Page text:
REVIEW: Girls - "Father, Son, Holy Ghost"


Girls - "Father, Son, Holy Ghost"
Label: True Panther Sounds
Release Date: September 7th, 2011

My biggest complaint with the debut Girls record, Album, was Christopher Owens’ strained, forced, and to put it bluntly, fictitious vocals.  Many disagreed with this observation at the time of Album’s release, but look no further than their sophomore release Father, Son, Holy Ghost as vindication.  On the album, Owens’ voice is restrained and refuses to bounce around to fit the melody in the awkward way it did on Album.  This change and the amount of musical influences checked on Father, Son, Holy Ghost brings up the question of identity and ultimately has me asking if Girls have any idea who they are as a band or what they want to add to the musical landscape.

Father, Son, Holy Ghost will confuse a lot of listeners and music critics into a positive reaction.  The album sounds crisp throughout and is simply an enjoyable spin.  In music, the familiar is comfortable, accessible, and demands less on the listener.  Mix that with Girls’ intelligent use of switching tempo/mood mid song to keep the listener of their toes and you have the perfect recipe for a widely celebrated record.  There is no argument that Owens borrows from his musical influences throughout the record, he has admitted it himself in several interviews.  There's nothing wrong with looking to musical favorites in order to craft an album; the problem exists when an artist doesn’t do enough to separate themselves from their influences or inject enough of their own unique vision into the final product.  There are very few moments that feel new or give me any insight into the personality of Girls. 

The biggest problem concerning Father, Son, Holy Ghost is the lack of cohesiveness between sound and theme.  The album jumps from Beach Boys, to Wolfmother (yeah, Wolfmother's "Woman" guitar riff to Girls' "Die"), to country, to alt rock, to 60’s/70’s folk without any indication of why these tracks appear on the same album other then a consistent vocal performance throughout.  Other then celebrating or paying homage to Girls’ own personal musical favorites, why were these tracks picked to form a complete record?  That’s the question I found myself asking throughout the entire album and never received the answer.

With all that said, if Girls’ only desire is to craft a nice sounding record around their influences then they succeeded with Father, Son, Holy Ghost.  I can't stress enough that the album is enjoyable and should be applauded for its production.  The problem I see in the future (and it’s already begun) is that this record will bring forth the hypocrisy of many music journalists.  Music critics are notorious for picking and choosing when it comes to artists filling their art with influences.  What can be shrugged off for a band they want to promote, can be a death sentence in a review for a band they want to bash. Popular online magazine Spin, uses one word: “Whatevs” (not even a real word) to avoid actually delving into analysis concerning Girls heavy use of their influences.   For me it’s simple, does the band distance themselves enough from their influences to make their sound unique?  Girls doesn't accomplish this on Father, Son, Holy Ghost and is the key complaint that should be highlighted.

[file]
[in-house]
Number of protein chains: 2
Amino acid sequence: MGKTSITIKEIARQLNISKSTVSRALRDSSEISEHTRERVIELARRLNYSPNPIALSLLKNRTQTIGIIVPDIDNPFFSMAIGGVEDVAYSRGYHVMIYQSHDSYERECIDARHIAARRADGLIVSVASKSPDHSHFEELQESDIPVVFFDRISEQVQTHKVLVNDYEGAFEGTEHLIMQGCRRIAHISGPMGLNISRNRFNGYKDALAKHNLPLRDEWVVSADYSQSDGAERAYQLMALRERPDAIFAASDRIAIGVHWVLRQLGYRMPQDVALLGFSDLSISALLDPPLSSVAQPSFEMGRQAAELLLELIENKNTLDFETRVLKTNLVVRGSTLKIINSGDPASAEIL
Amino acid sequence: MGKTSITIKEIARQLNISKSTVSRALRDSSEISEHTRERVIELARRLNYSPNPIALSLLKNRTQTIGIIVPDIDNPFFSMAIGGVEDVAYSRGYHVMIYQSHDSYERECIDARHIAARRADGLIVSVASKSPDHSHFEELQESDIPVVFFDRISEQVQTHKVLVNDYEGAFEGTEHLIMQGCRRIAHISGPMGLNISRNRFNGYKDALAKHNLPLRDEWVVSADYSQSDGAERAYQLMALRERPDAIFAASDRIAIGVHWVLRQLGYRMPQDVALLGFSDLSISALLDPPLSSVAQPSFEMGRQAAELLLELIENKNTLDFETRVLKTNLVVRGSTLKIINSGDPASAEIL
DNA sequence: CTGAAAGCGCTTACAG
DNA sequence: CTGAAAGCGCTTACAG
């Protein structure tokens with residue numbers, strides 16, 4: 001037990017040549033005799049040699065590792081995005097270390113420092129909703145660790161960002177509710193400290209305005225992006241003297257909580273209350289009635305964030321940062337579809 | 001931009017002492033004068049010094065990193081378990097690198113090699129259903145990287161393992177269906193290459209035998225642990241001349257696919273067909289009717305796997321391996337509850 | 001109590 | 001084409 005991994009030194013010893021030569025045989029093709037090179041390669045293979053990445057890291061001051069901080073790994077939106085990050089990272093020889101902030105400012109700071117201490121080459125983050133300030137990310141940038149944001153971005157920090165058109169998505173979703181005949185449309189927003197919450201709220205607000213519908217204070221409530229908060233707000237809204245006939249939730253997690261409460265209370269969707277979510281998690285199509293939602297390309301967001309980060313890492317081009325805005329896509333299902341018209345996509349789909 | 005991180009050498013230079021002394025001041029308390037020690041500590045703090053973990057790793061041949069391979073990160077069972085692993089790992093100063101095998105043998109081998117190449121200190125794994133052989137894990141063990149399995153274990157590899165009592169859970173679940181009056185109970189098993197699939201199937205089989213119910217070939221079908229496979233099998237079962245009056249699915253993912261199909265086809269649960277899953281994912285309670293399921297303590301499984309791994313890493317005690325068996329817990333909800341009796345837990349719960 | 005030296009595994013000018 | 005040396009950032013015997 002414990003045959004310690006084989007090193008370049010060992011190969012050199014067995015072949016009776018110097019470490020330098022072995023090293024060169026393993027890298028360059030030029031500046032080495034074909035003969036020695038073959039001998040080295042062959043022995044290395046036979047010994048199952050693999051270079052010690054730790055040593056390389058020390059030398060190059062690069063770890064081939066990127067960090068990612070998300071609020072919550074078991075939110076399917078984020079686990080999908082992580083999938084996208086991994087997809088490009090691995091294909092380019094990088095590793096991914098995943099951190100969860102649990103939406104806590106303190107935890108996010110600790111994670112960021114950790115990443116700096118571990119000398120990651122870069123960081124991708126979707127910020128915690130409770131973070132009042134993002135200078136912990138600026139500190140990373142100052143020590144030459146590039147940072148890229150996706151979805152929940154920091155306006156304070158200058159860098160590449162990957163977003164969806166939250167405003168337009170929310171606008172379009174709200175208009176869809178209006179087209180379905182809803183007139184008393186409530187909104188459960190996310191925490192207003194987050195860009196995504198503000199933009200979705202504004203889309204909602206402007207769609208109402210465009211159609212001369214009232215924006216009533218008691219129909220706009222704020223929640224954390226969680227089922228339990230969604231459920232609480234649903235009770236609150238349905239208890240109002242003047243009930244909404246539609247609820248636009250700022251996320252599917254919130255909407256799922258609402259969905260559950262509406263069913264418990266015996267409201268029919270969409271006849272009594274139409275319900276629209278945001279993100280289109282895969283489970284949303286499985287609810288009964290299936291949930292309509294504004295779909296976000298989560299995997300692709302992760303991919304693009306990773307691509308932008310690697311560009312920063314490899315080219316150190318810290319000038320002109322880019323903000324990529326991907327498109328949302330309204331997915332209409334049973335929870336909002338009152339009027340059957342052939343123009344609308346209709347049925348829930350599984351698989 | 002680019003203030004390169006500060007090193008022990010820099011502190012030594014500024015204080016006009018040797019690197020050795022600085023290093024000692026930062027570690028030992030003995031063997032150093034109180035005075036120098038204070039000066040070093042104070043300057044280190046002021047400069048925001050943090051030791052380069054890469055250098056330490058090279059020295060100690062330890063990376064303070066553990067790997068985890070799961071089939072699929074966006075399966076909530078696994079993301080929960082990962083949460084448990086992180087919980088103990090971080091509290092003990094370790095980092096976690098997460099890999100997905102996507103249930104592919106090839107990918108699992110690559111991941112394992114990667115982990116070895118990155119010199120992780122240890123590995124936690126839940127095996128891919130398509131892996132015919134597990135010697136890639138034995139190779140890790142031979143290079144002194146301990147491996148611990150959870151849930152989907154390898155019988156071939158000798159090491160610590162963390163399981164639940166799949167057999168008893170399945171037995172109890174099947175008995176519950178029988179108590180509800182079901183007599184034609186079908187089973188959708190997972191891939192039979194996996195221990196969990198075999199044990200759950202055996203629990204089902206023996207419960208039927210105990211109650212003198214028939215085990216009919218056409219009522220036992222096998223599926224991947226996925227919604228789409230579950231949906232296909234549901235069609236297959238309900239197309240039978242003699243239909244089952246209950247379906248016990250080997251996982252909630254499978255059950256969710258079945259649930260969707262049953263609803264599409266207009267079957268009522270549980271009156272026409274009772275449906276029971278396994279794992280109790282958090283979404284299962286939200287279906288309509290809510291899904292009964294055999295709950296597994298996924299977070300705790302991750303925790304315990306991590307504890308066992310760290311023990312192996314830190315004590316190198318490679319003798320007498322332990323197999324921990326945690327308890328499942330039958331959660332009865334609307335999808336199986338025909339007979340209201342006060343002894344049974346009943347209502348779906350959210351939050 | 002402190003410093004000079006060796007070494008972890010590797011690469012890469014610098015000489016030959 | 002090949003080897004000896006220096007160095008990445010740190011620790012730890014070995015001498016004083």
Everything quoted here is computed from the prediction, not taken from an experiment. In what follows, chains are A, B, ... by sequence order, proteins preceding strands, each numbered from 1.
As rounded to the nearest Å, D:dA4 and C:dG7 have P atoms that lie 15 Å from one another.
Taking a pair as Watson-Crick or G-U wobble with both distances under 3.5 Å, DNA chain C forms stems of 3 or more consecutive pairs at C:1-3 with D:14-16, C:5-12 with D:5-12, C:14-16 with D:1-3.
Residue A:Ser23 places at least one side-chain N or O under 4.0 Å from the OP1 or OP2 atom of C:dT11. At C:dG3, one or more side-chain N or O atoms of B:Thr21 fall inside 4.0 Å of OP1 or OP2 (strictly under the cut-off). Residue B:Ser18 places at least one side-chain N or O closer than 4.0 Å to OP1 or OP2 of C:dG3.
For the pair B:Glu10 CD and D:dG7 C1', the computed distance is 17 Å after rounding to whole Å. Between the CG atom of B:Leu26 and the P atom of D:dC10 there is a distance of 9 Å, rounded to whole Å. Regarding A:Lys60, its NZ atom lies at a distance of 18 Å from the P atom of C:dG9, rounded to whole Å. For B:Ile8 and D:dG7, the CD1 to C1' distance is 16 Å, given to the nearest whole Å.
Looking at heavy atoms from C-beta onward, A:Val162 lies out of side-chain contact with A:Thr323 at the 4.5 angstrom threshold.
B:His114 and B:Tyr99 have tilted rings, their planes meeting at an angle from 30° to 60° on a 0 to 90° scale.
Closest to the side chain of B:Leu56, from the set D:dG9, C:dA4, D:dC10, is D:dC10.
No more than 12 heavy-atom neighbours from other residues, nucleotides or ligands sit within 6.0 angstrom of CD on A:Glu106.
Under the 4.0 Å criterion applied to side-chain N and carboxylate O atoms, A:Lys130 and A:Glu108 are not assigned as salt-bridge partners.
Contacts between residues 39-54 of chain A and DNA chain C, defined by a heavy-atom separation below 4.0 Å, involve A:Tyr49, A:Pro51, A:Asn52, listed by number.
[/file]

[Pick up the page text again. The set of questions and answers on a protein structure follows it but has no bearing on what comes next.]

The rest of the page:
I do recommend giving this album at least one spin.  If you can simply enjoy a band cataloguing and performing their musical favorites, you will find a lot to like on this album.  After hearing Father, Son, Holy Ghost I’m convinced that Girls do have the technical skills to make a great album, they have one or several in them, they just need to take a few risks and show listeners who they truly are and what unique fingerprints they can put on music.  Maybe then, bands will make the same mistake Girls did on Father, Son, Holy Ghost and try to emulate their sound.  After all, that’s the ultimate artistic compliment and the downfall for many bands afraid to blaze their own trails.  


  1. Couldn't agree more. Find myself enjoying the record but nothing unique. At least they're open about it.

  2. I enjoy the record although I'm not a HUGE fan (Vomit grew on me, we'll see if the rest of the songs do the same). This reads as more than a little self-righteous, I admit, but that's what I come to expect from WLFY, so no worries there. I do think it's kind of interesting that you think Christopher Owens's vocals are insincere and one of the worst things about the band when I find them to be one of the best primarily because I find it to be so believable when he emotes, which saves some of their songs that would otherwise just be unbearable schmaltz.

  3. I feel like you misunderstand Owens' use of appropriation. The main charm that comes from his blatant and eclectic imitation is that they make his albums play like mixtapes. Also, I feel like Girls walks a fine line between obnoxious and meaningful borrowing. Unlike a band such as Yuck, Girls take these old sounds and disposes of their previous sensibilities. When I first listened to Album, I considered purchasing a copy for my mom because she loves surf rock and I thought she'd appreciate the fact that modern bands give a shit about that kind of music; however, I quickly realized she would hate Album because between Owens' nasally voice and drug-induced lyrics, she could not identify with these songs. Same goes for this album. There are a lot of important statements this band is making with their music that suggest a complicated relationship with its influences, and while I agree that we shouldn't write it off, I feel like we need to focus on what makes appropriation so successful on this album compared to its contemporaries.